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After two seasons with the Milwaukee Brewers -- Trevor Hoffman never did look quite right in that uniform -- baseballís all-time saves leader (with 601!) has announced that he's hanging 'em up before the 2011 season gets underway. As one wire service put it so aptly, he's "thrown his final changeup, deciding at age 43 to retire and return to the San Diego Padres in a front office job." Hey, he's been "retiring" hitters regularly for so many years -- it's about time he took a stab at this "retiring" thing hissownself!

I'm rolling thunder, pouring rain
I'm coming on like a hurricane
My lightning's flashing across the sky
You're only young but you're gonna die
I won't take no prisoners won't spare no lives
Nobody's putting up a fight
I got my bell I'm gonna take you to hell

Hoffman rings Hells Bells for final time | 12 comments | Create New Account
The following comments are owned by whomever posted them. This site is not responsible for what they say.
Original Ryan - Tuesday, January 11 2011 @ 11:24 PM EST (#228671) #
Trevor Hoffman never did look quite right in that uniform

I respectfully disagree on this point.  The current uniforms of the Brewers and Padres actually look quite similar.  I thought Hoffman looked right at home in a Brewers uniform.

Now if Hoffman had gone to the Diamondbacks or Phillies, he would have looked strange.
Smithers - Wednesday, January 12 2011 @ 12:37 AM EST (#228675) #
Sorry to see Trevor Hoffman go, he was a real class act and without a doubt one of the greatest relievers ever.  The ESPN article reliving Tony Gwynn Jr.'s at bat against Hoffman at the end of the 2007 season is a classic read and gives a glimpse of the type of person he is.  Dirk Hayhurst also paints a very favourable depiction of Hoffman in The Bullpen Gospels as those who have read the book could attest to.

So the big question is:  Trevor Hoffman, Hall of Famer?

christaylor - Wednesday, January 12 2011 @ 12:39 AM EST (#228676) #
Am I correct in believing he never pitched at the dome? My doing a quick bb-ref search only comes up with 27 pitches thrown and one SV against the Jays, June 18 & 19, 2004.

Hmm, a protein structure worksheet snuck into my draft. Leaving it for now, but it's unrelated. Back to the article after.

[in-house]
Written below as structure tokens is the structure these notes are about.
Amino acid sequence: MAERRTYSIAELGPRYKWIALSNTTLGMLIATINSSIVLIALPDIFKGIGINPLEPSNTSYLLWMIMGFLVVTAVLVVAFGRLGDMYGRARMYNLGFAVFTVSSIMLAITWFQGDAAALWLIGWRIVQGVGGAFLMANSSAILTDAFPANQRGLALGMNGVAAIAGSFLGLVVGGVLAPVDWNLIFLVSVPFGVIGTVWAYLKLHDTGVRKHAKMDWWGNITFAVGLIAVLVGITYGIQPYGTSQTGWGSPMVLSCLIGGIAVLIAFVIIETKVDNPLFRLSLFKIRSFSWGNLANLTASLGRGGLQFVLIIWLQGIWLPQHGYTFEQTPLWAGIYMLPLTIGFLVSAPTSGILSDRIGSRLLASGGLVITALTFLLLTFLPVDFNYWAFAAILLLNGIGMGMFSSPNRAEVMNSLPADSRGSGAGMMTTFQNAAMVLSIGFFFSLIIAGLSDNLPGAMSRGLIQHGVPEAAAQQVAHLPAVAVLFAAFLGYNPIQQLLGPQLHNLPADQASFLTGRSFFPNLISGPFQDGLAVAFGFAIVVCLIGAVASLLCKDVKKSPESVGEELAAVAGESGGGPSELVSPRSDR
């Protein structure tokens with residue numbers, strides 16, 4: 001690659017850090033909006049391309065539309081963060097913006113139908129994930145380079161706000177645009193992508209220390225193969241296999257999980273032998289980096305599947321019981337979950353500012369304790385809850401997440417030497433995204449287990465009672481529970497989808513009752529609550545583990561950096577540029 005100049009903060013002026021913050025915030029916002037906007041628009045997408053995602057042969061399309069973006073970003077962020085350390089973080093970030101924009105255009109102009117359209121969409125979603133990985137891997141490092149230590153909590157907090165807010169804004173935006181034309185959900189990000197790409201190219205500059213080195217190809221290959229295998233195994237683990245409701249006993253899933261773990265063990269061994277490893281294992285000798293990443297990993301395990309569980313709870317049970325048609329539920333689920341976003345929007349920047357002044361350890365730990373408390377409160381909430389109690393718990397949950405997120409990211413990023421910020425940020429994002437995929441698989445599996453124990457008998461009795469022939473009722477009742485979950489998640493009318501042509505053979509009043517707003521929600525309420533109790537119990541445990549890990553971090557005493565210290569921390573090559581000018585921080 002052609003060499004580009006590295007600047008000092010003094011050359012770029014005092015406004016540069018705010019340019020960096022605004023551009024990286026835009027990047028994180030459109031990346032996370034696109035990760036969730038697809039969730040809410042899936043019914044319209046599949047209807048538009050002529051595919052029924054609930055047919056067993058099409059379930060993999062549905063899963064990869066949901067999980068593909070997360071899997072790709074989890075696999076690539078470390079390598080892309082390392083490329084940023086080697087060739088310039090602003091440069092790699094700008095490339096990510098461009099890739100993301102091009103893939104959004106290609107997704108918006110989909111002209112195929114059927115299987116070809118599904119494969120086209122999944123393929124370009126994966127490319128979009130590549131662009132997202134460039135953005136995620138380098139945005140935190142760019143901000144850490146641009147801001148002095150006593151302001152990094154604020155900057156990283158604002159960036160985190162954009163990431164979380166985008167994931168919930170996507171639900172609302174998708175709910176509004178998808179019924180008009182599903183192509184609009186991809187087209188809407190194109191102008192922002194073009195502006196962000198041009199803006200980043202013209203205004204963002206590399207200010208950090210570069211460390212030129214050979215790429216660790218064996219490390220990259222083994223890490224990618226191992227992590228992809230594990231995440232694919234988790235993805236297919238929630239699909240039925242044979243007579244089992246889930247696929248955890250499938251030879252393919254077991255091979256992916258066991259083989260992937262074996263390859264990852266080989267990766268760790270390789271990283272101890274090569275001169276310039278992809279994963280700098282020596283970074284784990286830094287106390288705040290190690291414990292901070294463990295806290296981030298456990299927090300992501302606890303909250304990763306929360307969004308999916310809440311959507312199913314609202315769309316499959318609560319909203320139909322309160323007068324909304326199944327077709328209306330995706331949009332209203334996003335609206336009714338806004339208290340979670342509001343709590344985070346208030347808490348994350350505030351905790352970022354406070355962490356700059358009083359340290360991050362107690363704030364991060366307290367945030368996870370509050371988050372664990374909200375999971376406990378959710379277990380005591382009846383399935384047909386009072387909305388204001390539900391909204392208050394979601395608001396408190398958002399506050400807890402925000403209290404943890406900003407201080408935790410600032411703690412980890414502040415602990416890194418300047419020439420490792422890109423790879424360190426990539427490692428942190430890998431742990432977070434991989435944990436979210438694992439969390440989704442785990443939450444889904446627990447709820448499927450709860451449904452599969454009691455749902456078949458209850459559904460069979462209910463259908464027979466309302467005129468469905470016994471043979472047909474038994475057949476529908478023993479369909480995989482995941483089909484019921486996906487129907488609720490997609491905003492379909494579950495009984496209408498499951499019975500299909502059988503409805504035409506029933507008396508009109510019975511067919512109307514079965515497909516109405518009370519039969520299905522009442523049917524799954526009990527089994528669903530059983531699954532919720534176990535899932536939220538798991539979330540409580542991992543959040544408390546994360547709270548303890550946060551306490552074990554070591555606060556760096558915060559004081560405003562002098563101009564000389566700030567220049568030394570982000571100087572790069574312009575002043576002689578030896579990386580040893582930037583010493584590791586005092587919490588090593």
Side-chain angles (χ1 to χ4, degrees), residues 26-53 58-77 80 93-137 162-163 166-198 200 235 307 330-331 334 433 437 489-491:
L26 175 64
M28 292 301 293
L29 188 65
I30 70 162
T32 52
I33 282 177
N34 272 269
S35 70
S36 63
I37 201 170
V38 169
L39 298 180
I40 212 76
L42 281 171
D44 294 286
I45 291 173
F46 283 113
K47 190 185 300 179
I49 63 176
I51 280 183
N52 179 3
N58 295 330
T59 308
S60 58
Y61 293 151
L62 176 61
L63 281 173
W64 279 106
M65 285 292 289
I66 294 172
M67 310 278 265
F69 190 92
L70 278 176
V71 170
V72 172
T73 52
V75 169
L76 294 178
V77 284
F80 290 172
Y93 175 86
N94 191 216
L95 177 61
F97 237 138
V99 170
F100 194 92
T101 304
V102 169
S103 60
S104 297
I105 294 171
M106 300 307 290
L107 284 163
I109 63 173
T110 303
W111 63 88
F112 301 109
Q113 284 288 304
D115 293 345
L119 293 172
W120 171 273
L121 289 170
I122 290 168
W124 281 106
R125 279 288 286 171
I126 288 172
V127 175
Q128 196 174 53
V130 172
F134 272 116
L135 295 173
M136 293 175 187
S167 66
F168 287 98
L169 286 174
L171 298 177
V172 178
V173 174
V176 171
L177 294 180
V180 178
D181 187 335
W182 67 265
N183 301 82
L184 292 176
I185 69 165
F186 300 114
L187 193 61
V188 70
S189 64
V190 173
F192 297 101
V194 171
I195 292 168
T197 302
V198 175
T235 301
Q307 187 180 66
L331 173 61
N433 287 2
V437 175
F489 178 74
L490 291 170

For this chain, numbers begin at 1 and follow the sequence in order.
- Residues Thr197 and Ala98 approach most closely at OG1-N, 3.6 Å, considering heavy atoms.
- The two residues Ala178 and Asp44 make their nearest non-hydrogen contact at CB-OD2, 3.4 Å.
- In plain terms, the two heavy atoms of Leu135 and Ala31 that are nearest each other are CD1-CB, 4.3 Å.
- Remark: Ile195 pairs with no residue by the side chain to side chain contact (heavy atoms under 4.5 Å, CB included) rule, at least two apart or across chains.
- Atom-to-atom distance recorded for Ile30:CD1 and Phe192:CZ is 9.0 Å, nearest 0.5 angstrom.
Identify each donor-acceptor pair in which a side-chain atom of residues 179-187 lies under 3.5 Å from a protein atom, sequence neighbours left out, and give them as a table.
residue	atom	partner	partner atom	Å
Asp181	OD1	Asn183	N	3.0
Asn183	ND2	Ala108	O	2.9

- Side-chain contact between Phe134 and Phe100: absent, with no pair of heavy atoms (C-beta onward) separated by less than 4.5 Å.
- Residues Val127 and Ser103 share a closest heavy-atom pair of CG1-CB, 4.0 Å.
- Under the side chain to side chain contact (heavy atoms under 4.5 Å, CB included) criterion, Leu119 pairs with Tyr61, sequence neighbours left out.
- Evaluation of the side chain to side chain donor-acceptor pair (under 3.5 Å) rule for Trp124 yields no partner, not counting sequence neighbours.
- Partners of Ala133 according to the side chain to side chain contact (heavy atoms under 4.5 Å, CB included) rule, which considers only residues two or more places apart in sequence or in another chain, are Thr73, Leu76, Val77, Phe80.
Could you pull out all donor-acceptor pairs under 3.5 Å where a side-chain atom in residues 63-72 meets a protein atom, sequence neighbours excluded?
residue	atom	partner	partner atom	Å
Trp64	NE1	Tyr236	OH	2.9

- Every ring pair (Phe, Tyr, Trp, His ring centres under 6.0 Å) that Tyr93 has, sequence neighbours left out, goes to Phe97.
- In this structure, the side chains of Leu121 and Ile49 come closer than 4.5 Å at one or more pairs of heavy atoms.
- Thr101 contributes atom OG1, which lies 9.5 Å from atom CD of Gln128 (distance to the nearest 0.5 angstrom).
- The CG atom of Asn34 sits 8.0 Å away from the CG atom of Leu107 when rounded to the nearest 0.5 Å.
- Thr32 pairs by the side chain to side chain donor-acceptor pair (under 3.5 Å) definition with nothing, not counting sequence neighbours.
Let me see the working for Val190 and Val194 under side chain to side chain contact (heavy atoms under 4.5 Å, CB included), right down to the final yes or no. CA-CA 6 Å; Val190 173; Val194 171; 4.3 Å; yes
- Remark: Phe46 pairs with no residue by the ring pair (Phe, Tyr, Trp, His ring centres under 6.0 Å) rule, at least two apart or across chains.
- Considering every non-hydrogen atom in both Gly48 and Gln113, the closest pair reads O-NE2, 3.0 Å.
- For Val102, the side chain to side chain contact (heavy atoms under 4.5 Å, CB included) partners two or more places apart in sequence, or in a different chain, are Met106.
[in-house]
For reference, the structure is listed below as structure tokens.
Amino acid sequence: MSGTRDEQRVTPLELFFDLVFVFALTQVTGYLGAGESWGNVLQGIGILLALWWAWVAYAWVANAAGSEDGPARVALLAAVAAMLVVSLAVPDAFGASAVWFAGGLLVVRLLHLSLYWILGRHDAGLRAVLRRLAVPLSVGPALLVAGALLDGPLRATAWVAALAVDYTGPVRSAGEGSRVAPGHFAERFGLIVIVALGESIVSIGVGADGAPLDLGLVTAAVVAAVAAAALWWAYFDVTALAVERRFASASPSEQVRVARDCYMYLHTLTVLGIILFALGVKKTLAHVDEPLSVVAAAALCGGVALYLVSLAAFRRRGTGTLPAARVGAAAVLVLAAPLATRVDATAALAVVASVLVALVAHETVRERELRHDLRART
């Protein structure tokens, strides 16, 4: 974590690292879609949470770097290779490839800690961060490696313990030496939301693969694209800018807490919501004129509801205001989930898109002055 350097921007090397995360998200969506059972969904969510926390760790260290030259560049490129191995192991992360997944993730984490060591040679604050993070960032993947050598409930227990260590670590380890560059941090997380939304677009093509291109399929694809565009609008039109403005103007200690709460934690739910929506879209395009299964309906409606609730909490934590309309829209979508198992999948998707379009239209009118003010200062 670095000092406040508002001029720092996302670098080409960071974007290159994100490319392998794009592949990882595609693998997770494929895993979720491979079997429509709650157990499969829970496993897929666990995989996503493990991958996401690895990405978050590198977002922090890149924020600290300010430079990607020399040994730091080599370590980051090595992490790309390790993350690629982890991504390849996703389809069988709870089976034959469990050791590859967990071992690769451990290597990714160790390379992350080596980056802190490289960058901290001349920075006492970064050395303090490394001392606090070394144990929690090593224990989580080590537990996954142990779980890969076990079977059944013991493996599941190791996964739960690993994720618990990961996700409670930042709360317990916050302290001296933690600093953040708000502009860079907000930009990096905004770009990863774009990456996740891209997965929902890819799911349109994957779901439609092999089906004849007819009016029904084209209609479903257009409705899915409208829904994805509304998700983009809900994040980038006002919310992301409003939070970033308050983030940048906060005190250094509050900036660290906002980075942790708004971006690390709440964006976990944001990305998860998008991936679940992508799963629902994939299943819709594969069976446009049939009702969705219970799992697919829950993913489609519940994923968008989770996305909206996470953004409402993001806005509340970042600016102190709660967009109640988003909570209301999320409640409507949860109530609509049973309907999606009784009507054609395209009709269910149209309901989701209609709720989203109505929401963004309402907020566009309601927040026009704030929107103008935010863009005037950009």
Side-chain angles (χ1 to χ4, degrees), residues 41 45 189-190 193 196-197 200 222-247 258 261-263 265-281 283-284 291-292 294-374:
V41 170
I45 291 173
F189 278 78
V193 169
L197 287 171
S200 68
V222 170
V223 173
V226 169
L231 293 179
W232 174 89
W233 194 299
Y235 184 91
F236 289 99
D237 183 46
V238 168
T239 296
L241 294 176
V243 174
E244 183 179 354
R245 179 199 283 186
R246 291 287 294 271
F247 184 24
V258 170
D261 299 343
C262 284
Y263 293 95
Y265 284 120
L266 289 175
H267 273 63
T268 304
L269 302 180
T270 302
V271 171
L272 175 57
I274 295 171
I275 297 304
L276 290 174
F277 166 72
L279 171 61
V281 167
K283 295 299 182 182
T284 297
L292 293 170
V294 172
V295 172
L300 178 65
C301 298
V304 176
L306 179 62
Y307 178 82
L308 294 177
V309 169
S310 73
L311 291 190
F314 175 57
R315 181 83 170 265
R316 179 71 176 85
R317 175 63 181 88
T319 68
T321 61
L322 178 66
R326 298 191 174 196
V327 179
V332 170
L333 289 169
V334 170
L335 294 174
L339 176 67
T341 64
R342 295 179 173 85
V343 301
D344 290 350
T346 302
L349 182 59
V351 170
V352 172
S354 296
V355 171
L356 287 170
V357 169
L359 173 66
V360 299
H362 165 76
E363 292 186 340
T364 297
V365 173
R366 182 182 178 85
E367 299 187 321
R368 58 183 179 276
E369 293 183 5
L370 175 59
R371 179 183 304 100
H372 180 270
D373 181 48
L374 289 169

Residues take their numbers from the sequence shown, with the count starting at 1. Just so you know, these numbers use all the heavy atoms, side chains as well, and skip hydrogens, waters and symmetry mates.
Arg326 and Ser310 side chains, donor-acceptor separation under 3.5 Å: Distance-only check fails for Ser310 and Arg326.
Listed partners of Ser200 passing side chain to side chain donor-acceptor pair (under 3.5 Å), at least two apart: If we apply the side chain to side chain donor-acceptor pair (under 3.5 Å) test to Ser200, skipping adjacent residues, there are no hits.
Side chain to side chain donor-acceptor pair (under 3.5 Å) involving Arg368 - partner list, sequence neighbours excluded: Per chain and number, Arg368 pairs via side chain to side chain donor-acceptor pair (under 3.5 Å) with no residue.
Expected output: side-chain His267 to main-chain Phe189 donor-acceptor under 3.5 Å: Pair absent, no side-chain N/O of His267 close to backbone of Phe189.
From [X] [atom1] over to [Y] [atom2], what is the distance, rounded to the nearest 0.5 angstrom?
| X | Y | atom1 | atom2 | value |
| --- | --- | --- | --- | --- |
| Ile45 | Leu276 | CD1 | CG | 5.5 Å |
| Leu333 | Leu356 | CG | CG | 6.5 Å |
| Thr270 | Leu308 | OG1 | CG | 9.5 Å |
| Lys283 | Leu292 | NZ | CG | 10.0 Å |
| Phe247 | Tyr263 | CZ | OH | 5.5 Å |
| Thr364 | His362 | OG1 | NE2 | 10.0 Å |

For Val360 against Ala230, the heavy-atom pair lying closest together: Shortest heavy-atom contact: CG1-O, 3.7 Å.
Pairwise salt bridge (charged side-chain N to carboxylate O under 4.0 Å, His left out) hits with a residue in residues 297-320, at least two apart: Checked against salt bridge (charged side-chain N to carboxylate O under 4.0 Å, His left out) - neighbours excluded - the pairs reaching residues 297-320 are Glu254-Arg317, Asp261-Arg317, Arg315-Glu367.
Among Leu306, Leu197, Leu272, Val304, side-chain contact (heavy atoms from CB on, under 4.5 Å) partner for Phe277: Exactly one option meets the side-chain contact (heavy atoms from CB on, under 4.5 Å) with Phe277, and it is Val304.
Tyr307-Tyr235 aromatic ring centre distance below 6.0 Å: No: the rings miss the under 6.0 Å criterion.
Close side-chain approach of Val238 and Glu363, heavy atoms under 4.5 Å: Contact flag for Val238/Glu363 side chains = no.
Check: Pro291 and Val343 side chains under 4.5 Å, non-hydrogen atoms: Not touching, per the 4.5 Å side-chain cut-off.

92-93 - Wednesday, January 12 2011 @ 12:39 AM EST (#228677) #
Trevor Hoffman is the type of player I will have never fully appreciated as the closer of a West Coast, NL team - not the kind of player you see a lot of here.
John Northey - Wednesday, January 12 2011 @ 01:05 AM EST (#228678) #
If closers are to go in I'd have to think 600 saves would be enough to get you there. 300 was thought to be a high level back in the 70's and early 80's, then 400, but to reach 600 you need 60 saves a year (basically near the record) for 10 years. That is not an easy feat. Or 30 for 20 years, again not easy to do. Especially given each team has no more than 1 guy who gathers more than a handful of saves (unlike HR or hits or wins which many can get).
Mike Green - Wednesday, January 12 2011 @ 09:02 AM EST (#228680) #
Hoffman was a fine ace reliever, but no more.  He was a lesser pitcher than Henke, Billy Wagner or Quiz and maybe a little better than John Franco.  Hopefully, the Hall of Fame learns from the obvious Sutter error.  If you are going to include any modern closers in the Hall other than Rivera, there are better choices than Hoffman. 

We surely know enough now to look at #s of saves as unimportant for the merits of a Hall case. 
Mick Doherty - Wednesday, January 12 2011 @ 09:43 AM EST (#228682) #

BBRef has a feature story and poll about Hoffman and the HOF:
http://www.baseball-reference.com/blog/archives/9655

Looks like a wide  majority see him IN.

FWIW, I